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Food Safety and Processing Perspective

Terrence O’Keefe, WATT’s content director, provides his perspective on everything from animal agriculture trends that impact our food chain to food-safety related issues affecting chicken and egg production. O’Keefe has covered the poultry industry as an editor for more than a decade and also brings his experience in plant management and poultry production to comment on today’s issues.
Cage-Free Laying Systems / Egg Production

Egg Bill not Munich agreement and Chad Gregory not Neville Chamberlain

July 23, 2013

I have commented on the statements of Rick Berman, president of the public relations firm Berman and Company, which among other things runs Humane Watch, as recently as last month, but he made some recent assertions that require a response. In a website commentary Berman called the United Egg Producers' president, Chad Gregory, “the industry Neville Chamberlain.” Berman wrote, “Chamberlain, over the warnings of some in Parliament, met with Hitler and claimed to have secured ‘peace in our time’ with the Fuhrer—but instead was given a worthless ruse. Gregory finds himself in a comparable situation. Plenty of people told him not to trust HSUS, but he didn’t listen.”

Berman’s proof of the untrustworthiness of the Human Society of the United States is the organization’s financial investments in firms that are developing and marketing animal protein substitutes, such as Beyond Eggs. He cites these investments as being duplicitous, because instead of just advocating for better care for animals used in agriculture, the Human Society of the United States is investing in replacements for the animals. I disagree with Berman on this point. I actually think that the Human Society of the United State's investments in these animal product substitutes are some of the most honest things they use their money for. In short, the Human Society of the United States is putting its money where its mouth is, and when these products come to market, consumers can make their choices with their dollars. I am not predicting that they will succeed, but the market will decide.

I also disagree with Berman’s analogy where Chad Gregory plays the role of Neville Chamberlain. I suppose that Berman sees the laying hen welfare agreement between the United Egg Producers and the Human Society of the United States codified as the Egg Bill as the equivalent to France and Great Britain signing the Munich agreement with Nazi Germany, allowing Germany to annex the Sudeten region of Czechoslovakia. This analogy fails on several levels.

In the Munich agreement, the governments of Britain and France agreed to let Germany occupy a portion of Czechoslovakia without consent of the Czech government and without a shot being fired. It has become a classic argument against attempts at appeasing aggression.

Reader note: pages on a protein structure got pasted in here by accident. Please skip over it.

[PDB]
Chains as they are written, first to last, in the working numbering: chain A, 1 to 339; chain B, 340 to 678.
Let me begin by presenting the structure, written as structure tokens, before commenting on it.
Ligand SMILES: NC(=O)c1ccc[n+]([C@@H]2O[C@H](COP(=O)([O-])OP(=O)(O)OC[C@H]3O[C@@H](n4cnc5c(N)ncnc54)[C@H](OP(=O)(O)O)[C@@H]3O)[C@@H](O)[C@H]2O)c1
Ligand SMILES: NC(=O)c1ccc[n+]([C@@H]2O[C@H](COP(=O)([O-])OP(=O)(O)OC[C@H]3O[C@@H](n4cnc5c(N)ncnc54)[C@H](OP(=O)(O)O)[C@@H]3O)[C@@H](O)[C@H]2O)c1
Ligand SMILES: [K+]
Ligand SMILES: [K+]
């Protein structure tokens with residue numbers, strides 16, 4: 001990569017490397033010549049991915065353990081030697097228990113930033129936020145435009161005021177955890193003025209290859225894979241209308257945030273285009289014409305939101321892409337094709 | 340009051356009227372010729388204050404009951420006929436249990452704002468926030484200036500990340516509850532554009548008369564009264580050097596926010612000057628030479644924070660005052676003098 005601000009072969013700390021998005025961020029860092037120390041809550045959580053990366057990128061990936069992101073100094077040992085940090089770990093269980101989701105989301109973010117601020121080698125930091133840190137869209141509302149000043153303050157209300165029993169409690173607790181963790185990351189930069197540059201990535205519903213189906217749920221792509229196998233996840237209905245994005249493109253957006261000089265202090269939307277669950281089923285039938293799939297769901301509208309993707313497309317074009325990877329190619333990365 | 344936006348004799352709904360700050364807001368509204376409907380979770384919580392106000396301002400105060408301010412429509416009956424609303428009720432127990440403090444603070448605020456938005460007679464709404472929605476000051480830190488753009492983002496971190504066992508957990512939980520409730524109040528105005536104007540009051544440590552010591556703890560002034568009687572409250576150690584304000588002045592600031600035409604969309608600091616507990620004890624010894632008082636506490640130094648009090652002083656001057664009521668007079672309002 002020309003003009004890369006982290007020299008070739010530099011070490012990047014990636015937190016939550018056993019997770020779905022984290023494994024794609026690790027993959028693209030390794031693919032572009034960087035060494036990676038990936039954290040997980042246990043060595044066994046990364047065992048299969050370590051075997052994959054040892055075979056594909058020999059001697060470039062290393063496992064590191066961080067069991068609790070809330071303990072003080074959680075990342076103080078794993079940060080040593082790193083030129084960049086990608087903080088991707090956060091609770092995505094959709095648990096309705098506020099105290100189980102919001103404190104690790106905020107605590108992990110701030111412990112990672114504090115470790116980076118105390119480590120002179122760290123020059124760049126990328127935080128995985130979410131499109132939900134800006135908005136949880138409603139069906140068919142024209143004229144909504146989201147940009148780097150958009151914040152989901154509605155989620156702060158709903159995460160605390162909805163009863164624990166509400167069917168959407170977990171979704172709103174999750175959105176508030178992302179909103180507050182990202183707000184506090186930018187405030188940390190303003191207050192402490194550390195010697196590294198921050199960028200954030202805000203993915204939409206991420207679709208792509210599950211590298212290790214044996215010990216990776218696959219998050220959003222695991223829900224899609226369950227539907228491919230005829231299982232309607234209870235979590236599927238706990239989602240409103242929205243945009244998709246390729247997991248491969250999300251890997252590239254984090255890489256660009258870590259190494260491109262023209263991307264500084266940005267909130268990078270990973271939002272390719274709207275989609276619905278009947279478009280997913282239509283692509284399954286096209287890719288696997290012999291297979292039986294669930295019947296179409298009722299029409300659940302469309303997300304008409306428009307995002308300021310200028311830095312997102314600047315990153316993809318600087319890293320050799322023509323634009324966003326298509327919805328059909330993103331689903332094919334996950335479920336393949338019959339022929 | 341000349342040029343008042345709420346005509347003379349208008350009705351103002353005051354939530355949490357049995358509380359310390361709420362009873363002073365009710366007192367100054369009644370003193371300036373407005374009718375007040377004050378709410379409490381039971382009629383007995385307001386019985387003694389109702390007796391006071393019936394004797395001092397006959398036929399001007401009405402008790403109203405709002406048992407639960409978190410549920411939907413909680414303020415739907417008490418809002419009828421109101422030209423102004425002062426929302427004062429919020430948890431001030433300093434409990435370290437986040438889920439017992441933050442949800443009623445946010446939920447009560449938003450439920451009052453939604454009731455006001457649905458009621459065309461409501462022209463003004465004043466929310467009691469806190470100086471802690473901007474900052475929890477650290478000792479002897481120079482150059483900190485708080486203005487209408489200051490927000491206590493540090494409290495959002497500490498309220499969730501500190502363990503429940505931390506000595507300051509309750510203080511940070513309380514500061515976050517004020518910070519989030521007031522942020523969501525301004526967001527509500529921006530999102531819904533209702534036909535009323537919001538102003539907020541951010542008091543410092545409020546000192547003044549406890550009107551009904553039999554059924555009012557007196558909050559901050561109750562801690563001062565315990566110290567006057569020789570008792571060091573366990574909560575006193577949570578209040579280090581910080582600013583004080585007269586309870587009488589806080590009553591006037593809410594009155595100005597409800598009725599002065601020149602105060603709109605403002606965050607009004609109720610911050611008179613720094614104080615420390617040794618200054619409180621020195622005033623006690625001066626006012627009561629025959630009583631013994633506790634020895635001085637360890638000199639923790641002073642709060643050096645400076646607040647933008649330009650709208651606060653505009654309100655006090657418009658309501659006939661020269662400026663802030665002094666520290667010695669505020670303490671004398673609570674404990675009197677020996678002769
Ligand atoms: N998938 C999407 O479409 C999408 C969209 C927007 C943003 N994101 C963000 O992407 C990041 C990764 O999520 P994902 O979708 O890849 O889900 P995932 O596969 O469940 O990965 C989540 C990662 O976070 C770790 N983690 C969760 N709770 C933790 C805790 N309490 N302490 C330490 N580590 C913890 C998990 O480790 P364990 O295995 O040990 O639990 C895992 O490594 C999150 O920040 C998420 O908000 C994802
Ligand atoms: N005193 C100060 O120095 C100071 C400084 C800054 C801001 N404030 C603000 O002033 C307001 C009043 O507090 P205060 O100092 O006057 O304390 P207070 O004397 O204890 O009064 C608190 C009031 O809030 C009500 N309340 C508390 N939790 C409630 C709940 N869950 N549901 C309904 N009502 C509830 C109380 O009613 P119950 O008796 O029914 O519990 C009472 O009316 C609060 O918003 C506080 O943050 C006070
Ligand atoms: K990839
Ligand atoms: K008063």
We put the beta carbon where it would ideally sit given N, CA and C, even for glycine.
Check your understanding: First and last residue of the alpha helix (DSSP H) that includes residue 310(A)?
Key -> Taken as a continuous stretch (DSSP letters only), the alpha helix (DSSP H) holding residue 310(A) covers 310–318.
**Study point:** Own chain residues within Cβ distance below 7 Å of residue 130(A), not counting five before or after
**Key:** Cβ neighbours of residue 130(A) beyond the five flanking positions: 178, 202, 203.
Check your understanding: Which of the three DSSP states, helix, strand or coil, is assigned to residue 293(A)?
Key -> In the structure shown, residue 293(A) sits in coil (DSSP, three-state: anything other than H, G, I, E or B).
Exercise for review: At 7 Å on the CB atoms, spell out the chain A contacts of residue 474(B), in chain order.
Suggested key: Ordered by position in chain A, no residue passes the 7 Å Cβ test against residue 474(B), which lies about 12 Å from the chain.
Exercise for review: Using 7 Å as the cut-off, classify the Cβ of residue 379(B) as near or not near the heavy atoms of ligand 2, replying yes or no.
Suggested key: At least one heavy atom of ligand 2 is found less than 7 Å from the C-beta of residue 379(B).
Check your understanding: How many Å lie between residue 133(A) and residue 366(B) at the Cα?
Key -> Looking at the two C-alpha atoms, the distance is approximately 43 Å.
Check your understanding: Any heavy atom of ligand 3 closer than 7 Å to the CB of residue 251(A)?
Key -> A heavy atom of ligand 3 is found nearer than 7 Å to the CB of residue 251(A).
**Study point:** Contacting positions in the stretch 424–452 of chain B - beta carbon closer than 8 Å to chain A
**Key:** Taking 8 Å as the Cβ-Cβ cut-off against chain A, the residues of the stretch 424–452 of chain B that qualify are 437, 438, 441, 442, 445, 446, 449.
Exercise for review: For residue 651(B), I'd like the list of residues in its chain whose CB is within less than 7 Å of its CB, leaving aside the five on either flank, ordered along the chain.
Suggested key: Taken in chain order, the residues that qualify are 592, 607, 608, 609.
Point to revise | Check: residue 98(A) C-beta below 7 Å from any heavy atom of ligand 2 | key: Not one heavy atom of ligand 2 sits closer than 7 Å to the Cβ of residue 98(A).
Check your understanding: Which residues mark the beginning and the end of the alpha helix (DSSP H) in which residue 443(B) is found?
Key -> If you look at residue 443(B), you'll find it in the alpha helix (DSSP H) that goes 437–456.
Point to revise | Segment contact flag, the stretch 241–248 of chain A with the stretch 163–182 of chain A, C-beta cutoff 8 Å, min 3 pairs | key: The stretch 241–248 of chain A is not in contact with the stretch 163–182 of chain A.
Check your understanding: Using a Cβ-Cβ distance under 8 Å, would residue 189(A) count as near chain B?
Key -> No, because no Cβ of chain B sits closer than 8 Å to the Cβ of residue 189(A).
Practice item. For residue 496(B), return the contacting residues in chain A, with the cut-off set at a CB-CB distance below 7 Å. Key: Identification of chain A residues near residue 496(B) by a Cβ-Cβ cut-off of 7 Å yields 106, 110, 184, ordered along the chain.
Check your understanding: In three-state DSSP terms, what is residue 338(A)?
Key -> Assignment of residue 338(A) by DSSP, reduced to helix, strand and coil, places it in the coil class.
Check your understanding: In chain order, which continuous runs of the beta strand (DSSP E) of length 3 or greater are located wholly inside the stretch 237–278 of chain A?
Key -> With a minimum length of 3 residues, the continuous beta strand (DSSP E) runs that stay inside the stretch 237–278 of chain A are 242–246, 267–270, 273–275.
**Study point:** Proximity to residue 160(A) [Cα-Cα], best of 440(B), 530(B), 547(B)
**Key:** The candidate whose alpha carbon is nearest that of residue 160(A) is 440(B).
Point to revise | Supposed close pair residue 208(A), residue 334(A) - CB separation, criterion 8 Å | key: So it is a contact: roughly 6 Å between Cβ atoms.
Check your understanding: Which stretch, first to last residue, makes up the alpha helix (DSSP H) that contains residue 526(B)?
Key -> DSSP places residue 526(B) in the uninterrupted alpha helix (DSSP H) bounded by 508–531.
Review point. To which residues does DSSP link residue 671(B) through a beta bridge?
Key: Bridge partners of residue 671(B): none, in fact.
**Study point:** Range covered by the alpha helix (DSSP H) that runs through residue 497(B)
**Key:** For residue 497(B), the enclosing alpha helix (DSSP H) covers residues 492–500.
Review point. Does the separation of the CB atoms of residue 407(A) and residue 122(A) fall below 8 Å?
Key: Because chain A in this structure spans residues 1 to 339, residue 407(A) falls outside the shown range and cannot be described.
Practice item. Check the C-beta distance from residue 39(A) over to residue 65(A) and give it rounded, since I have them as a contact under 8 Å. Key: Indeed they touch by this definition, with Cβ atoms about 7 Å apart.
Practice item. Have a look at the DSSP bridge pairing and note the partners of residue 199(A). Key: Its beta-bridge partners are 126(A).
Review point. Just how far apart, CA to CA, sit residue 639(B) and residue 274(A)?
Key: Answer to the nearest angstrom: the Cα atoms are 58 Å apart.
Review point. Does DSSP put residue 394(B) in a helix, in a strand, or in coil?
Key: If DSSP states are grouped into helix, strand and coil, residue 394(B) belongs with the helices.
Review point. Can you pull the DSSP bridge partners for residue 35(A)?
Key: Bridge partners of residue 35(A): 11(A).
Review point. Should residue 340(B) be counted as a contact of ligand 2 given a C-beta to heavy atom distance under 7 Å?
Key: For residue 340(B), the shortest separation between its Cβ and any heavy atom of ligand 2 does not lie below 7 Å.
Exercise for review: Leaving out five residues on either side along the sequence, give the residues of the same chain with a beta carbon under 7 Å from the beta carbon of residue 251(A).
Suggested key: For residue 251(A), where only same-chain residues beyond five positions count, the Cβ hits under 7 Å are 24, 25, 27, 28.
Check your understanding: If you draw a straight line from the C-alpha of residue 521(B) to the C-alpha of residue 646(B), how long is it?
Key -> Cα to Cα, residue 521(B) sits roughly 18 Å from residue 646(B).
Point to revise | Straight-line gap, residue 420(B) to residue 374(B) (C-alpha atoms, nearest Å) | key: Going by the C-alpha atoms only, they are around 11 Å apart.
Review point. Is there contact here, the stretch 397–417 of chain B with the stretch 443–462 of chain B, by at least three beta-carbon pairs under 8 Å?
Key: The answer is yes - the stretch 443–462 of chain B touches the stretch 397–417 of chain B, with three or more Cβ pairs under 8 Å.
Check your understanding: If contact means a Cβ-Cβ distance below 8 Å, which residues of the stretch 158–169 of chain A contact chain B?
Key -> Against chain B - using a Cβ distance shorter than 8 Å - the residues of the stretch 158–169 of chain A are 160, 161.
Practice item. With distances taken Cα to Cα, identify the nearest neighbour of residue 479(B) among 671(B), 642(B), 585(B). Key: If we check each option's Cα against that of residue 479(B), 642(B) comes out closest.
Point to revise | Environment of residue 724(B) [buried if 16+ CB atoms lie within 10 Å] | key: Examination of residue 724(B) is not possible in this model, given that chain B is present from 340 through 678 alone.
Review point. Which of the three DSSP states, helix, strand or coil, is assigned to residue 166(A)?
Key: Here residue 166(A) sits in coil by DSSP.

The Human Society of the United States and the United Egg Producers have already been at war for years. United Egg Producers has lost ballot initiatives in important egg producing states like California, Michigan and Ohio. United Egg Producers has also tried a voluntary welfare plan for egg production, and its members have been sued because of it. Just this week, Cal-Maine Foods announced a $28 million settlement in the case that alleged that egg producers gave hens more cage space as a means of manipulating egg prices not providing better living conditions for the birds.

The Egg Bill preserves the use of cages with a transition to fully-enriched colony cages. Enriched cages provide better bird welfare than other options and maintain the bird health and performance advantages of cages while being more economical and environmentally friendly than cage-free alternatives. If Berman insists on using a historical analogy for the Egg Bill, then I might suggest the Korean Armistice Agreement, which ended the fighting in Korea in July of 1953. That conflict isn’t officially over, but shots aren’t being fired and both sides remain battle-ready on either side of the demilitarized zone.

Passage of the Egg Bill likely won’t end all conflict between animal rights groups and egg producers in the U.S., but it places egg producers in a defensible position with a workable transition period during which the marketplace will decide how many cage-free, free-range or cage produced eggs it wants. I have a question for all those in animal agriculture that want egg producers to just keep on fighting and not to “negotiate with the enemy”: Where were you and your wallets when egg producers were fighting ballot initiatives? Do others in animal agriculture really care about the fate of egg producers, or do they just want egg producers to keep drawing fire from the animal rights groups? Egg producers are tired of being human shields.

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